The Symmetry Argument for Catholic Integralism
Liberalism is taking a beating. Many regimes return to religious rationales for state authority. They increasingly oppose liberal institutions. This essay lays the groundwork for engaging these religious anti-liberalisms. In this essay, I assess the religious anti-liberalism known as Catholic integralism. This ancient doctrine challenged historic political philosophers like Thomas Hobbes and John Locke. Surprisingly, it has recently resurfaced in some Catholic intellectual circles.
Integralists propose that governments exist to secure the common good: temporal and spiritual. God authorizes two powers to govern humankind. The state governs in matters temporal, the church in matters spiritual. When their missions intersect, the church is sovereign owing to its nobler purpose.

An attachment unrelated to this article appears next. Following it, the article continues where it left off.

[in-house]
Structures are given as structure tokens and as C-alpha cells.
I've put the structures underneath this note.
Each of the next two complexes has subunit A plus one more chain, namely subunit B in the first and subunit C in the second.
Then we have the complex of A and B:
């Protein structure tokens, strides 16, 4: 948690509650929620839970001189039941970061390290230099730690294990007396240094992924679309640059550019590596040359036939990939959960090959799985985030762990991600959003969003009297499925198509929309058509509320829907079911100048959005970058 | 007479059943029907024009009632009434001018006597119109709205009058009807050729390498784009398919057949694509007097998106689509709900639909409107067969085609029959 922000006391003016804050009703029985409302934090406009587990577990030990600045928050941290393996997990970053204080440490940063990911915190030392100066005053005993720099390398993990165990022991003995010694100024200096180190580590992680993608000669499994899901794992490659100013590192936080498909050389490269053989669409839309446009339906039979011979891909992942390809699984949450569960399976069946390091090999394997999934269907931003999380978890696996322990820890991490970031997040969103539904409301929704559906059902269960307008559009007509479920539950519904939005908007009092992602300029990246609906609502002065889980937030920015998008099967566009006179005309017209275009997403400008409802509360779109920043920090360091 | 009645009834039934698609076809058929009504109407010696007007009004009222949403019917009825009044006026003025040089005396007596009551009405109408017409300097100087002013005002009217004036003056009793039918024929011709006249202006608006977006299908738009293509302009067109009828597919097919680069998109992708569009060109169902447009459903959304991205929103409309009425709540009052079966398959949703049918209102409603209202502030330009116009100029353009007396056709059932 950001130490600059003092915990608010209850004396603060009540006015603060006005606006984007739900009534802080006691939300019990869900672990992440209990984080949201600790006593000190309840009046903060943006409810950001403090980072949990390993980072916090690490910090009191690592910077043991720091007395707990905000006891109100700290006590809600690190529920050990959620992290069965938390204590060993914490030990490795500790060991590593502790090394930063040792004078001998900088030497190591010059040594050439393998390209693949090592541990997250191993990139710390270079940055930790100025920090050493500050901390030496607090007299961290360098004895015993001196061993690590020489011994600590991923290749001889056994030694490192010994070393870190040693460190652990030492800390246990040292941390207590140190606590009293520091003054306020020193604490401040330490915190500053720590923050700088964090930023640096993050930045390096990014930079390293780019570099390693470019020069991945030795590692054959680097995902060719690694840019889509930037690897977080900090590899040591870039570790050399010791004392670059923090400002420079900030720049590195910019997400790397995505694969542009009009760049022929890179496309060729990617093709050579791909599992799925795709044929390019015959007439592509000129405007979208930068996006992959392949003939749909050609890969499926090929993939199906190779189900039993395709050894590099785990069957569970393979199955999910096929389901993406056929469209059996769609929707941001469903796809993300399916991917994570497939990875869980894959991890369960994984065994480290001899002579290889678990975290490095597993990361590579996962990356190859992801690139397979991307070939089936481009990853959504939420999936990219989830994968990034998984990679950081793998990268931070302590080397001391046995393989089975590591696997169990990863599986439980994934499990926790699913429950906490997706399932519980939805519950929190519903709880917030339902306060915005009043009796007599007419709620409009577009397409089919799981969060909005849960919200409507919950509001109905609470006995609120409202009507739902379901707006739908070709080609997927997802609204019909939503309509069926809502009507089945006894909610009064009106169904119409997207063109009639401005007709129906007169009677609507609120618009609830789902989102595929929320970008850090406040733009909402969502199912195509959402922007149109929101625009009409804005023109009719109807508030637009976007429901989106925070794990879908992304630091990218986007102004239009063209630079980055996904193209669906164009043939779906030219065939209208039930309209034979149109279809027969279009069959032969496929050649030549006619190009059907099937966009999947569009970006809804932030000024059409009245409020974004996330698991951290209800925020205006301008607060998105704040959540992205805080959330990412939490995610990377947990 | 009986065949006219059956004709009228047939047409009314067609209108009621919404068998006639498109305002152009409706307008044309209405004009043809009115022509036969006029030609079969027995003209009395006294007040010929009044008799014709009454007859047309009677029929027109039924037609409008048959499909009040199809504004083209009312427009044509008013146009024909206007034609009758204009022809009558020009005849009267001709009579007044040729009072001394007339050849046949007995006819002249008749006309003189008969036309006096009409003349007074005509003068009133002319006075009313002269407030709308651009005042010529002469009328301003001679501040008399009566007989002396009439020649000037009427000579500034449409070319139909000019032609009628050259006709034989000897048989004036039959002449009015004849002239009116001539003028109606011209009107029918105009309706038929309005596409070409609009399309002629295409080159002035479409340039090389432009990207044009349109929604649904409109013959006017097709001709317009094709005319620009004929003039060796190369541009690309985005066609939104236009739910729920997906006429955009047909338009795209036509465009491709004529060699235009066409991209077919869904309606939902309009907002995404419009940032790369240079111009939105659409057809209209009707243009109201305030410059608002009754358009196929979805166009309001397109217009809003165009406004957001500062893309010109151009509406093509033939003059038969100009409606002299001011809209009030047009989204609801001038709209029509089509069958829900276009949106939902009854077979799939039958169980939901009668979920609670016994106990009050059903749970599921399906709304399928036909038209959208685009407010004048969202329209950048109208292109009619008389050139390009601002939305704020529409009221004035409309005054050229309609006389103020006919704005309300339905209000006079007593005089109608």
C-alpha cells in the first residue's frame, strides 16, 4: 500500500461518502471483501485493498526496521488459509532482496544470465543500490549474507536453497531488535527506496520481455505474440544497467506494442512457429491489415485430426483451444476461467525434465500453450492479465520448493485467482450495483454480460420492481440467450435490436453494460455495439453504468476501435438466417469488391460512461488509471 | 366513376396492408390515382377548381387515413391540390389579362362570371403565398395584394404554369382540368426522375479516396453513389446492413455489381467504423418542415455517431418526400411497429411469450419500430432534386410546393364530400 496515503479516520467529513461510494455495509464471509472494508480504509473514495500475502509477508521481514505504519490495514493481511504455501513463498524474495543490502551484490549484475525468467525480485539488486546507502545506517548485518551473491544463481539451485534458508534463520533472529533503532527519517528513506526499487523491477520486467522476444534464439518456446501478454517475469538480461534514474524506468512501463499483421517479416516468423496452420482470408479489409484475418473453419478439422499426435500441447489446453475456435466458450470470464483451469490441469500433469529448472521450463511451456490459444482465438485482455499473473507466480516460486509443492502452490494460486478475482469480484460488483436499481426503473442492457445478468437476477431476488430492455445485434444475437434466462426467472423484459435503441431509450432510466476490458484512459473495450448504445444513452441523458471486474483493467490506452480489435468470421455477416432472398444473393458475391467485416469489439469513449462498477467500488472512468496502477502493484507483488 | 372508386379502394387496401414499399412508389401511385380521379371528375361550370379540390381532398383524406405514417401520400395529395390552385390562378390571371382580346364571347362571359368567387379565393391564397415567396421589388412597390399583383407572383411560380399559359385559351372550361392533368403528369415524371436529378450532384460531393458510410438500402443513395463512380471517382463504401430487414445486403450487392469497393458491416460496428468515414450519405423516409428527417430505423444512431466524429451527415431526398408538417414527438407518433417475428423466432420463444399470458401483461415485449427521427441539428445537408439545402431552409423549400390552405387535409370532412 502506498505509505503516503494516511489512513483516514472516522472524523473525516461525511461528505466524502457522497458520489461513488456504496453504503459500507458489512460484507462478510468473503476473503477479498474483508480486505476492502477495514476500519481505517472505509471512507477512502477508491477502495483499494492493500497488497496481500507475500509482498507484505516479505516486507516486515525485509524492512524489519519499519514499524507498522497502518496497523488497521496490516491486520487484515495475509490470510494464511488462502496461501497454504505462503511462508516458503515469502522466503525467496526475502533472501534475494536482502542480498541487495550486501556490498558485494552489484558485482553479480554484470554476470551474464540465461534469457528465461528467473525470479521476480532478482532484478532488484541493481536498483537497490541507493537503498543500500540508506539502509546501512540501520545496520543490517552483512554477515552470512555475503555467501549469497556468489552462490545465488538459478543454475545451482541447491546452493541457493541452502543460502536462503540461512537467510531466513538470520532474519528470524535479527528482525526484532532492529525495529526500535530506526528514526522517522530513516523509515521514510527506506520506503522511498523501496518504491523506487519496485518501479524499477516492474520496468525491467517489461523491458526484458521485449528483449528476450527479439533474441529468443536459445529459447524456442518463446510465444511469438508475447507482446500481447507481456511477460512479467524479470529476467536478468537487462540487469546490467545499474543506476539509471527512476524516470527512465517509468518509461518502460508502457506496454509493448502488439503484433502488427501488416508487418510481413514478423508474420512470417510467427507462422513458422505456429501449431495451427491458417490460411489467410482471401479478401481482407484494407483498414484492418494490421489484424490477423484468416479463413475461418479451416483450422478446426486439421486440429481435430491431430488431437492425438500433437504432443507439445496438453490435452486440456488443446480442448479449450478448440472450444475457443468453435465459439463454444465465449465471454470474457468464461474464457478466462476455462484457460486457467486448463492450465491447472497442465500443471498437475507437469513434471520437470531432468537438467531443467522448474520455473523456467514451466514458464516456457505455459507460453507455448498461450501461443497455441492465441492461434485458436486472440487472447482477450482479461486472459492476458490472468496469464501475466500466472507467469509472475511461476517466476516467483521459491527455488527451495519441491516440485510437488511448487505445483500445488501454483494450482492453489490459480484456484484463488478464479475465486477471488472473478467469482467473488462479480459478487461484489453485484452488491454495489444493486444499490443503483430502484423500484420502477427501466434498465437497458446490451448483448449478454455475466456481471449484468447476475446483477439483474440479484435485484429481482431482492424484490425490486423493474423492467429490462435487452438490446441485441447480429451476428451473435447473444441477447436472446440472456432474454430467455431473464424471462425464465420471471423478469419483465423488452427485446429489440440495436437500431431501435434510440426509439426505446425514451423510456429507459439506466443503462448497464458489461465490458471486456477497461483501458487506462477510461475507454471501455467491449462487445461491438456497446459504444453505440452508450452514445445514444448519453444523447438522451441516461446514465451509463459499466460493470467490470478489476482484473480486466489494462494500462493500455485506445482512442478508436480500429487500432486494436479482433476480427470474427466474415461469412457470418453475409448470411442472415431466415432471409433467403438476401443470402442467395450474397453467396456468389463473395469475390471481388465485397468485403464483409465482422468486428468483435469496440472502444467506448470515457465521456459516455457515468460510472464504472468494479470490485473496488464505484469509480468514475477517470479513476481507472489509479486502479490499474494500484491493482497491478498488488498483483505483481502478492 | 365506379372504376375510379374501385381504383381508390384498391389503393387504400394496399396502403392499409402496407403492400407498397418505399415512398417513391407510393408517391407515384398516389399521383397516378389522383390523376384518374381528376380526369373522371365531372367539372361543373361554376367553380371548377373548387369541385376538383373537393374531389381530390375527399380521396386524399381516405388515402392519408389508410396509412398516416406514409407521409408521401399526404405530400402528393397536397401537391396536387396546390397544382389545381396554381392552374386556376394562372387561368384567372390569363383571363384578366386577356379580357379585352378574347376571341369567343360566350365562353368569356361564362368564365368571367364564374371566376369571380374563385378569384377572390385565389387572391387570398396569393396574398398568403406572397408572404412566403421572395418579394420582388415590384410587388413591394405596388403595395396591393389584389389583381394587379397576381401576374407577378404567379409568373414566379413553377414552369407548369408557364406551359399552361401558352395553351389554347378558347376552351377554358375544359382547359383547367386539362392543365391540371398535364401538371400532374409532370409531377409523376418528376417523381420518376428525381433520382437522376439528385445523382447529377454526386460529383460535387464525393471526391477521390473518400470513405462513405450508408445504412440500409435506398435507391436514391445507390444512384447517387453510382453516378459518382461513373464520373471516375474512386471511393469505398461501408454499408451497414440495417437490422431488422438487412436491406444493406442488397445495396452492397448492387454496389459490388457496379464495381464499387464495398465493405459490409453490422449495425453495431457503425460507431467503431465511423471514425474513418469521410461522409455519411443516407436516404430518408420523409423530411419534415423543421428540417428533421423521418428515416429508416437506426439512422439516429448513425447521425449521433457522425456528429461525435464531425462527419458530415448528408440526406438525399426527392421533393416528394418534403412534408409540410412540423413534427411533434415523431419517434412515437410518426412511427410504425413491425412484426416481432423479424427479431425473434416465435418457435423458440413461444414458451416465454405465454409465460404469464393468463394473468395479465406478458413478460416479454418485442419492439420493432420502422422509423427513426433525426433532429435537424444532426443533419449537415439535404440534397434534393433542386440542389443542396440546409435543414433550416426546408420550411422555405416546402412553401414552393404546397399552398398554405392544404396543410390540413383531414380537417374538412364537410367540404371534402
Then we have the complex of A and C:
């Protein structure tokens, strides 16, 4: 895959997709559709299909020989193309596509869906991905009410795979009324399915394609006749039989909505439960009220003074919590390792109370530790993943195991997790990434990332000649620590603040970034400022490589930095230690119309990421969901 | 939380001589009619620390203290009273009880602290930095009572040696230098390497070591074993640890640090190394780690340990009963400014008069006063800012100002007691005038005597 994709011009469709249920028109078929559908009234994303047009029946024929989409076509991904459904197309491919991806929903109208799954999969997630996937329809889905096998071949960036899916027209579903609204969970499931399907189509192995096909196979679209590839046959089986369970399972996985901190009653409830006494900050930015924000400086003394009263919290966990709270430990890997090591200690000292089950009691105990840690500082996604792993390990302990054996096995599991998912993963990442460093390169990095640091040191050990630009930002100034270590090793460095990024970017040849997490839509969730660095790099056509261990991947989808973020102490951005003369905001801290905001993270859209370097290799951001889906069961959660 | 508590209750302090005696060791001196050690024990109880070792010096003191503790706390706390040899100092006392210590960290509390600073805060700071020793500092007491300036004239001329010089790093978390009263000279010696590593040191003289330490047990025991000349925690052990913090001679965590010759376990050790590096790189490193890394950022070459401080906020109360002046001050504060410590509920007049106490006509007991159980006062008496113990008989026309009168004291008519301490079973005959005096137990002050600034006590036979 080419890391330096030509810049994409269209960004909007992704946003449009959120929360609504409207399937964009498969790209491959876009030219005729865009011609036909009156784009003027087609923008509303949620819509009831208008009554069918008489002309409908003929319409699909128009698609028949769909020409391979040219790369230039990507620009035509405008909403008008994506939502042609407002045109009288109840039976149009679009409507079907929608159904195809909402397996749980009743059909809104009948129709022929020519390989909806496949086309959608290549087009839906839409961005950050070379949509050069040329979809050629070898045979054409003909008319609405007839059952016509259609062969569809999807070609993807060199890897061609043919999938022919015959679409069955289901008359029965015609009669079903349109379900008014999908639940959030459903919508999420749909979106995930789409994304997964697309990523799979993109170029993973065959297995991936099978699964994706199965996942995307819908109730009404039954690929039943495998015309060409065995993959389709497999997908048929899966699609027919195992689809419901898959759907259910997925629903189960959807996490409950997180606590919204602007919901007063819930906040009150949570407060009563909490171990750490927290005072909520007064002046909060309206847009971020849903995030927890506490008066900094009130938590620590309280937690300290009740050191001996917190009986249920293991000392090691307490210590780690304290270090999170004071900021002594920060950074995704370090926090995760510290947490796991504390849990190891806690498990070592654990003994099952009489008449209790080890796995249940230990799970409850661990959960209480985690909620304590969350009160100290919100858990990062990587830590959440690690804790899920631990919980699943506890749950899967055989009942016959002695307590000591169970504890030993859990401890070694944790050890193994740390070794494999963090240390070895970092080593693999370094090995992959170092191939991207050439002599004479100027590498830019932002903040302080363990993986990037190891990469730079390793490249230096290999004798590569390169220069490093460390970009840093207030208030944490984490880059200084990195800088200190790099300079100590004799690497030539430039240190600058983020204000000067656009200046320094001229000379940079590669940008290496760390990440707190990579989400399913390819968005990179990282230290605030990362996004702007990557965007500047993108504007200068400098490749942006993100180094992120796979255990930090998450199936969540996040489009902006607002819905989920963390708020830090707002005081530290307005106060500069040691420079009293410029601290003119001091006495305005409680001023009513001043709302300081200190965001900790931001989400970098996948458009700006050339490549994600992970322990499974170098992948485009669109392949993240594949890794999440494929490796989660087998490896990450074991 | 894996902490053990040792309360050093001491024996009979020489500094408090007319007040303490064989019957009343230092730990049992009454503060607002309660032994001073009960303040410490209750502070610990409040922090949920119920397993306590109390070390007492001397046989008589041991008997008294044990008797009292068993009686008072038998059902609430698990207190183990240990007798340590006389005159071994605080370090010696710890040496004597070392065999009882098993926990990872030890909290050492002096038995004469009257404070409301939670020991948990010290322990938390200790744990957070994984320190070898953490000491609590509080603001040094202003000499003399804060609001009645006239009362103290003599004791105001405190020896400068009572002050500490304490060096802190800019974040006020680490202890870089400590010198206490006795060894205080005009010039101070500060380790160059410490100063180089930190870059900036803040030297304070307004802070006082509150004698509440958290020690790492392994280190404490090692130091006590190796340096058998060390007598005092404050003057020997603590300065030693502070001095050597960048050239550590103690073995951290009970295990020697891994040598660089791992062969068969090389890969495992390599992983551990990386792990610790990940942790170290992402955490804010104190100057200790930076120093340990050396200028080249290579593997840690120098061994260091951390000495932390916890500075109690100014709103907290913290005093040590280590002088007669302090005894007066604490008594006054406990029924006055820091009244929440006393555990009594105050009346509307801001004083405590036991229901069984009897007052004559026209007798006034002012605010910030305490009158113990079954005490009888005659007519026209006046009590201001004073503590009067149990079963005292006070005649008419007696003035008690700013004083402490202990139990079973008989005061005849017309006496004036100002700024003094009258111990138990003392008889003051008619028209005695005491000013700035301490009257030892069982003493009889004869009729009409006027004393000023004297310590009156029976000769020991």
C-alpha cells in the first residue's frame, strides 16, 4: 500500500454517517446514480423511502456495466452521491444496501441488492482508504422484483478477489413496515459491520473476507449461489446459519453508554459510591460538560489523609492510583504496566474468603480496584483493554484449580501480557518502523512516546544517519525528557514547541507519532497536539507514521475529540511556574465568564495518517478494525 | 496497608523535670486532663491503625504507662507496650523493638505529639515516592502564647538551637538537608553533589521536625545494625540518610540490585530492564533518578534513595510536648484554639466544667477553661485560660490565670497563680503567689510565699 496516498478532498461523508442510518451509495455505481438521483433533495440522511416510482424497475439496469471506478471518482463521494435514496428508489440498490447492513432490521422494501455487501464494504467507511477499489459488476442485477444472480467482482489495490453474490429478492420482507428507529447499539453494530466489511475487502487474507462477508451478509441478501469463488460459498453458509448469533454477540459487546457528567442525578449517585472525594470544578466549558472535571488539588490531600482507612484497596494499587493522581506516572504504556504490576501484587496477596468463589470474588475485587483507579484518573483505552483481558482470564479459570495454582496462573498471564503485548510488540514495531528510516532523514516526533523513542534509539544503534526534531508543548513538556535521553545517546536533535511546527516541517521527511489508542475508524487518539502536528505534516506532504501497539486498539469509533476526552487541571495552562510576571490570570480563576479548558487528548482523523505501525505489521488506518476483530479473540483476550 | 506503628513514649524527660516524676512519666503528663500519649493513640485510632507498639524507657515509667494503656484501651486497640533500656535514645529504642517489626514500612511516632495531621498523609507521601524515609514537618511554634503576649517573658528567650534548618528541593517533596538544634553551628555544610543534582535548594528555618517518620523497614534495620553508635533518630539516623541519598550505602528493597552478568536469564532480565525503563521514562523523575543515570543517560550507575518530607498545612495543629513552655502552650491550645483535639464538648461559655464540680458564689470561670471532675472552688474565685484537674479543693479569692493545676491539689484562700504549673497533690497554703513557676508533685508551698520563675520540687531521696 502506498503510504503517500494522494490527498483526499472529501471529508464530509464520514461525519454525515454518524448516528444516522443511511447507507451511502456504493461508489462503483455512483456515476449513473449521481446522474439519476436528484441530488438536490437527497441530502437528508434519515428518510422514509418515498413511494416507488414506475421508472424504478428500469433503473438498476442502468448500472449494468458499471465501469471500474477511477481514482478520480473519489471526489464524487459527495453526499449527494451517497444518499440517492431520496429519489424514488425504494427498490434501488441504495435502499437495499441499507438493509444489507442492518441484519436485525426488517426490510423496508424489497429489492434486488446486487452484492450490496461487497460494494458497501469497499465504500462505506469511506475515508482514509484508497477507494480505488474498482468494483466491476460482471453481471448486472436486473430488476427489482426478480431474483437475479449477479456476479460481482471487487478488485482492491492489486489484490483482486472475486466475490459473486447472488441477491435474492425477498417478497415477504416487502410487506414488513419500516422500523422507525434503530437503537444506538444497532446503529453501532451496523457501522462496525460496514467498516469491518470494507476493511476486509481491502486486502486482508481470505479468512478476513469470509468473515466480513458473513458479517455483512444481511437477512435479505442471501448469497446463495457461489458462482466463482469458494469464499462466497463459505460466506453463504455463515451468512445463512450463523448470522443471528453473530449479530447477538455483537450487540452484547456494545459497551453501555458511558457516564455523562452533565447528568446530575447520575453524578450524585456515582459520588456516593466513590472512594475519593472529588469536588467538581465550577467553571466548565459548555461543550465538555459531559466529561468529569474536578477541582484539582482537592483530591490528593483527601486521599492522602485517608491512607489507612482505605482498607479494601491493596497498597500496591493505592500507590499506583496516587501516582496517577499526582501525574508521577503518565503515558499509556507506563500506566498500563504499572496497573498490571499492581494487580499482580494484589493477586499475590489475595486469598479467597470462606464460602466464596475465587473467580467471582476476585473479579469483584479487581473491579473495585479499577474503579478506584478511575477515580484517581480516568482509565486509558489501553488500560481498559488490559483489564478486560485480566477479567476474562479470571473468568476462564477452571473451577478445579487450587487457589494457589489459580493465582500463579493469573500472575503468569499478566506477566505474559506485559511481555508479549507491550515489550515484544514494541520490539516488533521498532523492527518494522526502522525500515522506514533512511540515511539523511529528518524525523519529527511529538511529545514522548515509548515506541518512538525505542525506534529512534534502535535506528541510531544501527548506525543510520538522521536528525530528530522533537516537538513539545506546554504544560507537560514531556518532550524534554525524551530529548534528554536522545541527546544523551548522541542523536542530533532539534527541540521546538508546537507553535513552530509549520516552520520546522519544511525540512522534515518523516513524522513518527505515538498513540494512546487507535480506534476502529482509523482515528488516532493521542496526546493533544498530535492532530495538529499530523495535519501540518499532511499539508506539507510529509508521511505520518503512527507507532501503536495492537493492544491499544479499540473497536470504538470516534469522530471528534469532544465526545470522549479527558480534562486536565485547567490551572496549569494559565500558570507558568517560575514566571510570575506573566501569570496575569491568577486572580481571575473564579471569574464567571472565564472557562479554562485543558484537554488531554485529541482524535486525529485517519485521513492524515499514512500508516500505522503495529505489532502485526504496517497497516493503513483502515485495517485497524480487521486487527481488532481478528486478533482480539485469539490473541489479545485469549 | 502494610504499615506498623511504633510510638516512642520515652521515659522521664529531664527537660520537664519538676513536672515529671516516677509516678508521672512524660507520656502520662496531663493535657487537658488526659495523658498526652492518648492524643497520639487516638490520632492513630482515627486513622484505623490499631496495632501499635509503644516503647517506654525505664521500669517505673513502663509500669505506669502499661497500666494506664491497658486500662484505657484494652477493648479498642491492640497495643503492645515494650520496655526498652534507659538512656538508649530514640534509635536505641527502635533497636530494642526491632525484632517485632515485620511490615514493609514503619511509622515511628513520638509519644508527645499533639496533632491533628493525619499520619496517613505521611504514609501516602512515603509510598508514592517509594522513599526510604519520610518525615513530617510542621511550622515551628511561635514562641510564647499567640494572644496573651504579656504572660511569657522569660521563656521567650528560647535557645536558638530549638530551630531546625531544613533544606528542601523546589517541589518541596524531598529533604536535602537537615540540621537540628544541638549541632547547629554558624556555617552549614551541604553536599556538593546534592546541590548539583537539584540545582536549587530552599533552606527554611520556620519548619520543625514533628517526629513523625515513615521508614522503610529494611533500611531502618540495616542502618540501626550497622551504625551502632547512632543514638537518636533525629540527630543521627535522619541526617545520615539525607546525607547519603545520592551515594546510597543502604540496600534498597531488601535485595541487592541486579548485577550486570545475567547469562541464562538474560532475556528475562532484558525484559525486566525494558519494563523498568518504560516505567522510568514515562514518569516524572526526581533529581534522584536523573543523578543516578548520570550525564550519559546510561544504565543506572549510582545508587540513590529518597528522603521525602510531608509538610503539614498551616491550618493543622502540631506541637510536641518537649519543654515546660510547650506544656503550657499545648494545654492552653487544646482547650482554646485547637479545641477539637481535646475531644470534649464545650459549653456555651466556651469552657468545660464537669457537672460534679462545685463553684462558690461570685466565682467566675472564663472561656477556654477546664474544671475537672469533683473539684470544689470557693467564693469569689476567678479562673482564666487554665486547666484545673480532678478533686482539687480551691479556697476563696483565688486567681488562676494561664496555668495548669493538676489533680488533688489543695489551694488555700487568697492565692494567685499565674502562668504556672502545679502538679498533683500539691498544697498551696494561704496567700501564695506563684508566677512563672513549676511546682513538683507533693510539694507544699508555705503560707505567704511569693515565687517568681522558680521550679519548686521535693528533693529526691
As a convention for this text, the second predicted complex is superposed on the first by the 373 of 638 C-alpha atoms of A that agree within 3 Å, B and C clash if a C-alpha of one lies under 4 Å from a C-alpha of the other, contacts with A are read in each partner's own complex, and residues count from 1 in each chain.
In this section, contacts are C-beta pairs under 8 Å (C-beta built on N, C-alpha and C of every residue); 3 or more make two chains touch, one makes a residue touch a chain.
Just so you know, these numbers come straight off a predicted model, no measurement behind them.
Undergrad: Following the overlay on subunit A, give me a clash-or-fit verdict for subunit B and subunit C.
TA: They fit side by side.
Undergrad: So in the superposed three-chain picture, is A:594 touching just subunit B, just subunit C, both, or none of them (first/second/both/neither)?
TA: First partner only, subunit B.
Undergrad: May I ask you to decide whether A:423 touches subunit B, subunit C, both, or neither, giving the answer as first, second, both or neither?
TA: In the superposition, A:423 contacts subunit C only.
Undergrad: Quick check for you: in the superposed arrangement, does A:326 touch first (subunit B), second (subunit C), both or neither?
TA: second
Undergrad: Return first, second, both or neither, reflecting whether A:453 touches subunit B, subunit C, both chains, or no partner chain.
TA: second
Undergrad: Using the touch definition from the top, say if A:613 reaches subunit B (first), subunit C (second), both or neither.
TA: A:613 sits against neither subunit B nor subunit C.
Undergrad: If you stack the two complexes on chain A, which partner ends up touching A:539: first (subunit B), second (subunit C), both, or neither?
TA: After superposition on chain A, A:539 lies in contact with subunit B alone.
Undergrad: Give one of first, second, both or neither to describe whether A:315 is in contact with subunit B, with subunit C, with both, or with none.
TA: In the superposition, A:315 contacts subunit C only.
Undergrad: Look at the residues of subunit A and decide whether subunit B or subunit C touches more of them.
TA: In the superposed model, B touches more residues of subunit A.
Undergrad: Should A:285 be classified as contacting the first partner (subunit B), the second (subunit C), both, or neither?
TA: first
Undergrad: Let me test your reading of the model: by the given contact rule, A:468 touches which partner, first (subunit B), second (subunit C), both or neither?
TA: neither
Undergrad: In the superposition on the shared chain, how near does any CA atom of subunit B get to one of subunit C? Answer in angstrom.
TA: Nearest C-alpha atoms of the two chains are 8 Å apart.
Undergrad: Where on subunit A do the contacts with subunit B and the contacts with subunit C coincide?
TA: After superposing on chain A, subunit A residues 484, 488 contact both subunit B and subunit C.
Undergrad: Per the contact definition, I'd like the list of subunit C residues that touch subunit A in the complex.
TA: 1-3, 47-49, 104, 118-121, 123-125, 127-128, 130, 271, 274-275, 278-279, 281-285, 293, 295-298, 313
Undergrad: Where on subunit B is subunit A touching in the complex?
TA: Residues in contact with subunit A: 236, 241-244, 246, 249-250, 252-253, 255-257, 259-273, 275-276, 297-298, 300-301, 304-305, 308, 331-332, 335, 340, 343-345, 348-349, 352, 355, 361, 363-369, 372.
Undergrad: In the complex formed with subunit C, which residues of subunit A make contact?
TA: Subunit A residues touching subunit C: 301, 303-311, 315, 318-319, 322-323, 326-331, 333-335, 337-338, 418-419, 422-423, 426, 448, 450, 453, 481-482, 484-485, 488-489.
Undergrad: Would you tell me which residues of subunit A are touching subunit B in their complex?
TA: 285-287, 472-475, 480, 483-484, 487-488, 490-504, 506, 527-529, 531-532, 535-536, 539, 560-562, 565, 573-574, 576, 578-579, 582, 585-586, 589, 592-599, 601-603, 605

Contemporary Catholic political philosophy rejects integralism. But it remains overwhelmingly perfectionist: states exist to promote the authentic individual and common good. These natural law perfectionists say that states should promote natural goods: goods, such as health and friendship, that anyone can see as such through the use of reason. States should not promote supernatural goods: goods, such as faith and hope, that we only grasp through revelation. Catholic perfectionists treat natural and supernatural goods asymmetrically.
Integralists reject the asymmetry. God authorizes the church to promote supernatural goods, and the church may direct the state to advance its mission. On this basis, I argue that integralists can mount a powerful philosophical argument against standard natural law perfectionism—the symmetry argument. It claims that natural law perfectionists cannot justify their asymmetric treatment of goodness. Integralism, in contrast, treats the good symmetrically.